As we try to understand that which is difficult to understand, to predict that which is difficult to predict, and to navigate uncertainties that threaten our familiar reality, it is a great gift to tend a garden. From building the soil in preparation for seedlings to clearing away old, spiny bramble, tending a garden pulls us into presence. In tending, we are tended.

In these early days of the pandemic, there is a dawning realization that we are transitioning into a new reality. Questions about food security, whether and how we might take a vacation, and which satisfying activities we can still engage in are all up in the air. Gardening allows us agency around some of these uncertainties; growing one’s own food is a radical act that supports individual and collective resilience. Creating a garden in which you can settle into mutually nourishing exchanges with astonishingly talented plant beings is restorative. Witnessing the rebirth mystery of spring, watching new growth unfurl, and collaborating in the beauty of it all evokes a deeply satisfying, earthy equanimity.

This spring, I am seeing the miraculous abundance of the natural world through a whole new lens. Simultaneously to diving into the fascinating and frightening ways the coronavirus affects the human body, I’ve been learning about our local flora’s capacity to support health and human wellness. Living in a garden that is being tended in a way that potentiates the medicine here gives this inquiry much resonance. And the more I learn about our wild plant neighbors, the clearer it is to me that all of us in West Marin live in a medicine garden.

As the shelter-in-place order went into effect in mid-March, our local dappled glades, seasonal creek banks and oak understories were becoming lush with bright-green spring greens like miner’s lettuce (Claytonia perfoliata) and delicate chickweed. These greens are rich in vitamin C. A cup of miner’s lettuce leaves contains more than a third of one’s daily value of vitamin C and 20 percent of the daily value of vitamin A, both key to healthy immune function. Hiking to nearby patches just outside of the garden gate and checking in on the young vibrant plants, giving them space from weedy thistles when needed, enjoying their tender flavor and succulent texture, I receive the medicine that comes from reciprocity and tending another. Another boost to the immune system.

While following science’s inquiry into the behavior of the SARS-CoV2 virus, I became increasingly curious about how the virus binds to the ACE2 receptors on our human cells, and what plant phytochemicals might block this reception. Beautiful baikal skullcap (Scutellaria baicalensis), for example, is able to block the virus from binding to those receptors; last week I gave this being a place of honor near the entrance to our garden, after picking it up from the wonderful Mother Garden at the Occidental Arts and Ecology Center. Part of the joy of planting medicinal plants is in the rich exchanges one gets to have with other plant people; at  OAEC last Sunday, I made meaningful connections regarding growing herbal medicine in this planetary moment.  This, too, is part of our healing; reclaiming wisdom and skills passed down from our forebears, set aside in the wake of widely available pharmaceuticals and commodities, and rediscovered now as vulnerabilities are exposed.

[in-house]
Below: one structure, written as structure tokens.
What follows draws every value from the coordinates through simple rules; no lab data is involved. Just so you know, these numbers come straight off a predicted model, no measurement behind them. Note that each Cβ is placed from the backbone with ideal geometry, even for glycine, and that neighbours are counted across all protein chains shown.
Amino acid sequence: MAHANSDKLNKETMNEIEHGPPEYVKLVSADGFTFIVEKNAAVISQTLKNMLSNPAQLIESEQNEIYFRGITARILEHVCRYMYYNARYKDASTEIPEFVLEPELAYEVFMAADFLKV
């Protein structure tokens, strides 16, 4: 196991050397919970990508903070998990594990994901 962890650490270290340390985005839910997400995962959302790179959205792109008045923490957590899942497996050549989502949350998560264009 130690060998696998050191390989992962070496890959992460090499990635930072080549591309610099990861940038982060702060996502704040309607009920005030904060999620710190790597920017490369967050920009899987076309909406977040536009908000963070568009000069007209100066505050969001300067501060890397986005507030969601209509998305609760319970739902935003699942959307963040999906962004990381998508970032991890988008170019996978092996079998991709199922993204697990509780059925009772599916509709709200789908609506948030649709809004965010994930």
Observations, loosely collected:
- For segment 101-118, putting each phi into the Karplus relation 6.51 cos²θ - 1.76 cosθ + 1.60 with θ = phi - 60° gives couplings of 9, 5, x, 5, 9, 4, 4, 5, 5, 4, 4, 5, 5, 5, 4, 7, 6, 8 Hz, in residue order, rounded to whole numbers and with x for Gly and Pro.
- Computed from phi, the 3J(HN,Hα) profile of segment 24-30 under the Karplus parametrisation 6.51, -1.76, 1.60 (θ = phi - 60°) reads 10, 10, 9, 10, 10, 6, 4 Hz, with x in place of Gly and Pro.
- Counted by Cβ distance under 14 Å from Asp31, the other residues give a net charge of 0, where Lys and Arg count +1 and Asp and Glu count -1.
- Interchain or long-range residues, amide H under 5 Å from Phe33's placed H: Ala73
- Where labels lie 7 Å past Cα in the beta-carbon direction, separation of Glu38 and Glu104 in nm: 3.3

We can also be resilient by knowing how to honorably harvest that which nature freely offers. This spring, like so many others, a riotous abundance of wild onions (or, more accurately, three-cornered leek, Allium triquetrum) is shooting up out of moist soil all over Northern California. Wild onions, like their cultivated allicin family members onions and garlic, are chock-full of the plant chemical quercetin. This “flavonol” supports the immune system and dampens inflammation; it also binds to the ACE2 receptor and has decreased viral binding in experiments. We are fortunate to have several patches of onions in the Commonweal Garden this spring; as this plant tends to spread vigorously, we can feel good knowing our harvesting is helping to control what can become an invasive presence. Harvesting with the long-term health of each patch in mind ensures this medicine will be available next spring, and the next. Harvesting no more than 20 percent of a given patch, and making sure any little “bulbettes,” or tiny side bulbs, stay in the ground helps ensure this. Given the benefits of eating wild onions and the long pandemic ahead of us, consider harvesting and pickling some for the future.

We live in a place where the wild and the cultivated entwine in a rich, fertile way. Of all of the types of garden tending I’ve had the joyous privilege of doing—from patches of wild plants to medicinal veggies to herbal medicines—it is the creation of meditative “sit spots” that most lights up my soul. As we take a break from hosting people here in the Commonweal Garden, we are leaning into creating these sit spots, so that when people come back together here, they can find restorative refuge in taking a seat on the earth. There, surrounded by the beauty of berry-laden branches and fern-enveloped nooks, under the gracious spread of a redwood skirt or plum-adorned verdant canopy, we humans can take in our medicine, slowly and deeply, in communion with the natural world.


Anna O’Malley, M.D., is an integrative family and community medicine physician with Coastal Health Alliance, and directs Natura Institute for Ecology and Medicine in the Commonweal Garden. She is enthralled with the elegant wisdom of nature and seeks to guide people back into practical, healing relationships therewith. She is holding Zoom calls every other Wednesday from 6:30 to 7:30 p.m. to share up-to-date information and answer questions, from a public health and integrative primary care perspective. RSVP to [email protected] for the call information.